Juniper, Foundry Show Strong Growth[Breakfast With the Fool] April 14, 2000

"I hate the giving of the hand, unless the whole man accompanies it."
-- Ralph Waldo Emerson

Juniper, Foundry Show Strong Growth

By Dave Marino-Nachison (TMF Braden)
April 14, 2000

With much debate about the potential for long-term growth in data networking equipment gorilla Cisco Systems' (Nasdaq: CSCO) market value -- but little debate about the huge and growing demand for its Internet infrastructure products -- many investors' attentions have turned to the Rule Maker and NOW 50 component's upstart competitors.

And some investors have chosen to put their money behind Juniper Networks (Nasdaq: JNPR) -- but also the likes of Foundry Networks (Nasdaq: FDRY) and JNI Corp. (Nasdaq: JNIC). Click here for a 12-month comparative share price chart, and here for a November story that discusses some of the industry's opportunities and challenges.

Today, Juniper reported first-quarter growth that reflects the sort of expectations investors have built into the company's $27 billion market valuation.

The company announced Q1 revenues of $63.9 million, reflecting a 41% increase over the fourth quarter. (Remember, it's sequential and not year-over-year improvement we're looking for in young, quickly growing companies.) Pro forma net income, which excludes goodwill amortization and a deferred compensation charge, was $10.5 million, or $0.06 per share. First Call's consensus estimate was for $0.03 per share.

"We continue to see growth in the IP infrastructure market," said Chairman and CEO Scott Kriens. The company also announced plans for a 2-for-1 stock split to be distributed June 15.

And Foundry turned in a pretty solid set of numbers as well. The company said revenues for the quarter were $70 million, or a 27% improvement on the fourth quarter of 1999. Before-all-the-bad-stuff net income was $0.15 per share, well ahead of First Call's six-analyst consensus estimate of $0.09. The company added an Internet router to its product line in Q1, among other product upgrades and additions.

"Revenues were strong, repeat business was strong, new account closure was strong," CEO Bobby Johnson told Reuters in an interview. "Basically we hit on all cylinders in all products."

Investors looking for an in-depth education in this market may want to consider a look at the Fool's stock research product, which includes coverage of Cisco and can be purchased online.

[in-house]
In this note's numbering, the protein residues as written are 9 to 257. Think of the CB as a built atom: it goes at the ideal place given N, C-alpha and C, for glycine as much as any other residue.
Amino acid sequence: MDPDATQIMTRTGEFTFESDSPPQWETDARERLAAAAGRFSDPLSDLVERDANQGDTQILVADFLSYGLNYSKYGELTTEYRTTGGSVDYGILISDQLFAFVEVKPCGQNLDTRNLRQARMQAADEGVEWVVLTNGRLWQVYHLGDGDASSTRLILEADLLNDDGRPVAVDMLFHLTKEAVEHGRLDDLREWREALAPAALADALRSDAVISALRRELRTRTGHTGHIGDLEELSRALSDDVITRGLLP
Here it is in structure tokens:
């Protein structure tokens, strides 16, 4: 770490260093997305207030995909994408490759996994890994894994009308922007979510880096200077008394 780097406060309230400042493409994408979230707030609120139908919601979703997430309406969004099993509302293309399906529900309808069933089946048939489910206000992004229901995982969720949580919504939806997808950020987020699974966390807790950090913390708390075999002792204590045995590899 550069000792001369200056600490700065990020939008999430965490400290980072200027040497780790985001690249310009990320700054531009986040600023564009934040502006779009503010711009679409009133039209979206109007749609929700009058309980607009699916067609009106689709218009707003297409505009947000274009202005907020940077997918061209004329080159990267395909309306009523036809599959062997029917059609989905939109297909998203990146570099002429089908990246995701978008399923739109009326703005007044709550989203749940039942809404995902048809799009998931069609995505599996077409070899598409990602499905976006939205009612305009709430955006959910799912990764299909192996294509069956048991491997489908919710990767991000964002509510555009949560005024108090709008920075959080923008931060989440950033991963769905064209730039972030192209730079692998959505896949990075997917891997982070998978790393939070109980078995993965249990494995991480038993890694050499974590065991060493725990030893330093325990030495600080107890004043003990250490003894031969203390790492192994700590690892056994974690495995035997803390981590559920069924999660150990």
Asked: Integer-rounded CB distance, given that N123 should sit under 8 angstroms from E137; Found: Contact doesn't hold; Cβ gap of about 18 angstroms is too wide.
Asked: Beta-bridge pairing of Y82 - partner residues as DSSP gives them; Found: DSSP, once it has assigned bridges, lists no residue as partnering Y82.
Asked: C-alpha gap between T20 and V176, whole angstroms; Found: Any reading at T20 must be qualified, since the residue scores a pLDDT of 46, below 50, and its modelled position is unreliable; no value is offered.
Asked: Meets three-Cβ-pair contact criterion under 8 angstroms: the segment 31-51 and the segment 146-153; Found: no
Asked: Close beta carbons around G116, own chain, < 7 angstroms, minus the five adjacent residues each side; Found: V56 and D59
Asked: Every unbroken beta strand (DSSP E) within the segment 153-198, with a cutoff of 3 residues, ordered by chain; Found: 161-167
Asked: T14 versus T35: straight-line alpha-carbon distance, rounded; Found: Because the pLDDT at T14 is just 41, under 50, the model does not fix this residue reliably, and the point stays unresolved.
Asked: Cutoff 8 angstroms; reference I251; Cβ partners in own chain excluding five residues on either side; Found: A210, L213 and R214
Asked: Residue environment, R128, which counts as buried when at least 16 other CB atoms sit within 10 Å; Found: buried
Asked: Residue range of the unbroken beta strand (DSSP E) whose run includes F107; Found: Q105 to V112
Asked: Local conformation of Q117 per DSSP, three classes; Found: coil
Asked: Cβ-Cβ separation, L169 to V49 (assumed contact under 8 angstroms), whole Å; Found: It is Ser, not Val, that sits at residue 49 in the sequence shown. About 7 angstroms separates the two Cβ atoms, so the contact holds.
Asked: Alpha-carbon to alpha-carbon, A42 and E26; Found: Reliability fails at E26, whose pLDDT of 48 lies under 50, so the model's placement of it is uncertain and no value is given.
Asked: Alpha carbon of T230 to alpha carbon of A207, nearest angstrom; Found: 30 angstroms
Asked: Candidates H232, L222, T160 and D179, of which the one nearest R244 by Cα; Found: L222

News to Go

Office Depot (NYSE: ODP) said first-quarter sales rose 17% year-over-year, but operating profits fell as the company spent more on marketing and catalog distribution. EPS before adjustments was $0.29, in line with Street estimates, but was boosted in part by share buybacks. Office Depot further noted that it plans to open 100 new stores in the U.S. and Canada and expects recent work in inventory management to improve inventory turns and return on assets down the road. Same-store sales rose 10%.

Tech bigwigs Sun Microsystems (Nasdaq: SUNW) and Gateway (NYSE: GTW) turned in earnings today. Network computing power Sun said fiscal Q3 (ended March 26) EPS was $0.26, or $0.03 better than expected, while PC maker and marketer Gateway's Q1 EPS of $0.41 was in line with projections. Earnings season is heating up, and investors might want to watch our earnings calendar for their faves.

Harry Potter book publisher Scholastic (Nasdaq: SCHL) said it will buy book club operator and publisher Grolier from France's Lagardere for $400 million in cash. The acquisition, which gives Scholastic Grolier's book club operations as well as its reference and trade book publishing prowess, is expected to be neutral to earnings in the near-term and accretive down the road. Here's a link to a recent Foolish take on Scholastic.

Japanese consumer electronics giant Sony (NYSE: SNE) will reportedly include a hard drive and modem in the U.S. version of its second-generation PlayStation gaming product set for a fall release. Sony was planning on waiting for increased adoption of high-speed Internet access before making such components available here but the company apparently doesn't want to fall behind Sega -- which recently said it would give a free Dreamcast system to gamers who subscribed to their Internet access service -- and Microsoft (Nasdaq: MSFT), which will put a hard drive in its hush-hush X-Box console.

J & J Snack Foods
(Nasdaq: JJSF), which makes such products as Superpretzel soft pretzels and Luigi's ices, said that although its fiscal year ending in September will likely bring "record" sales and earnings -- really, doesn't every year for every company? -- fiscal Q2 (ended March 25) will disappoint. Look for EPS of $0.08, missing First Call's four-analyst consensus estimate of $0.14 and last year's $0.12. The company is counting on a strong second half, and Chairman and CEO Gerald Shreiber says J & J could meet or even beat full-year earnings estimates.

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